Why is the US provoking North Korea?

Crisis in Korea: the Roots of Conflict
by Richard Greeman

CONTENTS: 1. Who’s Provoking Whom? 2. Give Peace A Chance – 3. New U.S. Provocations – 4. A New Korean War? – 5. A Home-made Nuclear Umbrella – 6. Possible Consequences of Miscalculation – 7. Does Washington have a Strategy? – 8. The China Factor – 9. Back to Gunboat Diplomacy – 10. The Hidden History of the Korean War – 11. Truman’s U.N. Figleaf – 12. An Unfinished Asian Revolution – 13. The Brutal U.S. Occupation – 14. The North Korean Communists Consolidate – 15. The Party Degenerates – 16. The Smoldering Korean Civil War Bursts into Flame – 17. The U.S. Rearms – 18. The Chinese Enter the Fray – 19. U.S. Defeat – 20. The ‘Korea Syndrome’ – 21. The Truman Doctrine Revived – 22. Realpolitik or Imperial Madness? – 23. The March of Folly – 24. Possible Sane Solutions – 25. Building International Solidarity

1. Who’s Provoking Whom?

North Korea is a tinderbox, and the Obama Administration — like the Bush Administration whose bellicose policies it inherited – has been playing with matches. Why are the U.S. and its allies acting hysterical about the Iranians — whose nuclear programs might at some future time lead to nuclear weapons — while recklessly provoking the North Koreans, whose stock of tested nuclear weapons are presumably operational now?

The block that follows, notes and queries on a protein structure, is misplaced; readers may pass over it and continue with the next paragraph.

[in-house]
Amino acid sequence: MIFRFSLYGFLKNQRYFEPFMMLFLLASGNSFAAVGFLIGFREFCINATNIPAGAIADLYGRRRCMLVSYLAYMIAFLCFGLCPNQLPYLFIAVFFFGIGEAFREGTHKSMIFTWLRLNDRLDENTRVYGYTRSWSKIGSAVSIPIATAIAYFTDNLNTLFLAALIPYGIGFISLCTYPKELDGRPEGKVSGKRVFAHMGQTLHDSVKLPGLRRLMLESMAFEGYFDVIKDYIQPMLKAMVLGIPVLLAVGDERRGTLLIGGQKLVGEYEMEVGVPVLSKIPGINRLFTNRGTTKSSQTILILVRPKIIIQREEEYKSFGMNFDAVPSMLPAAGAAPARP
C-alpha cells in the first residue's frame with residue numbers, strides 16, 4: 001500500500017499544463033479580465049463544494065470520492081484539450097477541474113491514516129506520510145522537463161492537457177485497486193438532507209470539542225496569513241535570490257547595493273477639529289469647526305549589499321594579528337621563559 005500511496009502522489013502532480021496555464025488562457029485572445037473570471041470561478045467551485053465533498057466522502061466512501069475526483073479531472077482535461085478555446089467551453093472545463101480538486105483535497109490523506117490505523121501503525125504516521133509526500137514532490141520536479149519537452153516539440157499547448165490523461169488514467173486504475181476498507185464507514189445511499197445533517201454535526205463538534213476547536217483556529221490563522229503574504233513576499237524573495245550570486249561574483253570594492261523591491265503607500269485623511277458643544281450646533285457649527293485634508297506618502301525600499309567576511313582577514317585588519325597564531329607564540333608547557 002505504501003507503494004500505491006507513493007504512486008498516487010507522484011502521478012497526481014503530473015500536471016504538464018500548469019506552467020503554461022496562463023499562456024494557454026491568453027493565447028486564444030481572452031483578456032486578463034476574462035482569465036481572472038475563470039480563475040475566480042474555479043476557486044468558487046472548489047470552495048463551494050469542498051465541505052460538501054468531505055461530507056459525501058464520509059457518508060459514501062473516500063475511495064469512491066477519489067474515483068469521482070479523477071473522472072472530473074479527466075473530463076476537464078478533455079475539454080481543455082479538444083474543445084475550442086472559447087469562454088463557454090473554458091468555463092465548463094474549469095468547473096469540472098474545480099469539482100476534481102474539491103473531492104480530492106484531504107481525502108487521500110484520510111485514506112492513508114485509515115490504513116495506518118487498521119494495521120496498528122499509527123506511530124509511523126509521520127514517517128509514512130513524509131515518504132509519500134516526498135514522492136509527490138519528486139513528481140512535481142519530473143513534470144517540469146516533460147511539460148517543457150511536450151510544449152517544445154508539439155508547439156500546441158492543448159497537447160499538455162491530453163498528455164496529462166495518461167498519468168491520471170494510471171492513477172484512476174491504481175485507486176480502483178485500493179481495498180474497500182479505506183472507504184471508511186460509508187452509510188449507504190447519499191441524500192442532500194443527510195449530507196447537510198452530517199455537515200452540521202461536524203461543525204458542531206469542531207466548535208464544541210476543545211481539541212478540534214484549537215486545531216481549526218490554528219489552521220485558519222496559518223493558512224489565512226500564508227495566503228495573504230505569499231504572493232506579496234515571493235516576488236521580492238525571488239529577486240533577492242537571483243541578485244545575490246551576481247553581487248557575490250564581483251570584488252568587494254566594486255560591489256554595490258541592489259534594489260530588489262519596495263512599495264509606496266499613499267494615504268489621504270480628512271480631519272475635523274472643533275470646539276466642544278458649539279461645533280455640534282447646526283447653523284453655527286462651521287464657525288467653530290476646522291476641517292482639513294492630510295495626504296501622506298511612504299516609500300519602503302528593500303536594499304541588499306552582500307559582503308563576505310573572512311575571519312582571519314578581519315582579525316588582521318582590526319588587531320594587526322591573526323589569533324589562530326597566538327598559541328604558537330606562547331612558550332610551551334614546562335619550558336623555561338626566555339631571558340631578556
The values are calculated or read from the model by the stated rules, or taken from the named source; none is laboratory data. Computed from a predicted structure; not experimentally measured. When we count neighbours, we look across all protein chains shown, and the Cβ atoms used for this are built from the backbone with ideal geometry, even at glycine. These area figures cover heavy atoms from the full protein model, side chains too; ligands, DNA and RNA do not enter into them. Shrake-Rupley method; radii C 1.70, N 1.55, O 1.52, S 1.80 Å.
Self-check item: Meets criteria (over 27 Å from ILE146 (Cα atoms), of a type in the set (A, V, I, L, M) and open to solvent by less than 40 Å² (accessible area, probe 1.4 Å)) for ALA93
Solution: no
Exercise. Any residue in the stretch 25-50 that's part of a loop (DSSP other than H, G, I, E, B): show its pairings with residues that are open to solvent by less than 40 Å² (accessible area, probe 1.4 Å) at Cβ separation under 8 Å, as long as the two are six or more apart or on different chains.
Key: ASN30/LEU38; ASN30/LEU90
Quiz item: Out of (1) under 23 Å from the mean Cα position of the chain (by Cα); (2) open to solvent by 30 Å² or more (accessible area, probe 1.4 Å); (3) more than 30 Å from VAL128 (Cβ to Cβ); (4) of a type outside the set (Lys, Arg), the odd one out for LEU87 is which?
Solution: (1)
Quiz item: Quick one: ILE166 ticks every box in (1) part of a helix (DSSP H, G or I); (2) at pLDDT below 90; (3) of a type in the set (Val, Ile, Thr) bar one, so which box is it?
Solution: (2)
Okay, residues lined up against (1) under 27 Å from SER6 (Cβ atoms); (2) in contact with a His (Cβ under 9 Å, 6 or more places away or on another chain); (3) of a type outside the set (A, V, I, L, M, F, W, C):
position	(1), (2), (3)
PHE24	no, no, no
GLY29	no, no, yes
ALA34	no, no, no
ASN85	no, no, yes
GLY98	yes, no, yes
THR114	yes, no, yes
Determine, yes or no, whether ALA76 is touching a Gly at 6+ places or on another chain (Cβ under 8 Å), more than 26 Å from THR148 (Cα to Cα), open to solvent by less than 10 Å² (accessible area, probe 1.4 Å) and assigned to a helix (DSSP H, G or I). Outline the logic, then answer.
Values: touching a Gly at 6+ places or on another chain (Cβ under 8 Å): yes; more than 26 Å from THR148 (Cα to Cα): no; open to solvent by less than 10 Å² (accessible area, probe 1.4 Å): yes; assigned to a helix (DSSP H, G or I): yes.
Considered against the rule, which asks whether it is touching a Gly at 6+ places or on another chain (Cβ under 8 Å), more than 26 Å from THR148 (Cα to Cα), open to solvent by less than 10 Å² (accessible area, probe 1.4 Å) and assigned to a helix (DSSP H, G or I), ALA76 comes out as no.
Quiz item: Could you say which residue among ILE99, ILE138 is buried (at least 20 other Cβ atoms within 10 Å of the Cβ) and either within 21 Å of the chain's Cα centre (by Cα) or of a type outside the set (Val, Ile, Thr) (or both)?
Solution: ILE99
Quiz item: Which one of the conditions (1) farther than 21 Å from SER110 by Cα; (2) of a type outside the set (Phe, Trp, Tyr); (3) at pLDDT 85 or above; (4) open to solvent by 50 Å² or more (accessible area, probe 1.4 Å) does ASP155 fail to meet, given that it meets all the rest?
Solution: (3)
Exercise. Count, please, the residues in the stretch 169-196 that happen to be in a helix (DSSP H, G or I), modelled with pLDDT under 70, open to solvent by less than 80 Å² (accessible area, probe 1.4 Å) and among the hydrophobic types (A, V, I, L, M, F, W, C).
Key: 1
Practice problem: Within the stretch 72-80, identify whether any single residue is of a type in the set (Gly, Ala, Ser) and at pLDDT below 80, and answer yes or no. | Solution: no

The Korean powder-keg is the kind of situation that calls for delicate diplomacy, yet in response to November’s North-South artillery duel, the U.S. chose to send the atomic-powered aircraft carrier George Washington to join the provocative U.S./South Korean war-games in contested waters just off the coast of North Korea. The Administration and the media chose to focus on the fatal shelling of Yeonpyeong Island in order to portray the N. Koreans as terrorists. Yet placed in the context of the U.S. imperialism’s far more aggressive and provocative behaviors, N. Korea’s brutal ‘signals’ may best understood as defensive. Look at the facts from the N. Korean point of view.

If you would like to read the rest of this piece, please email Richard Greeman.

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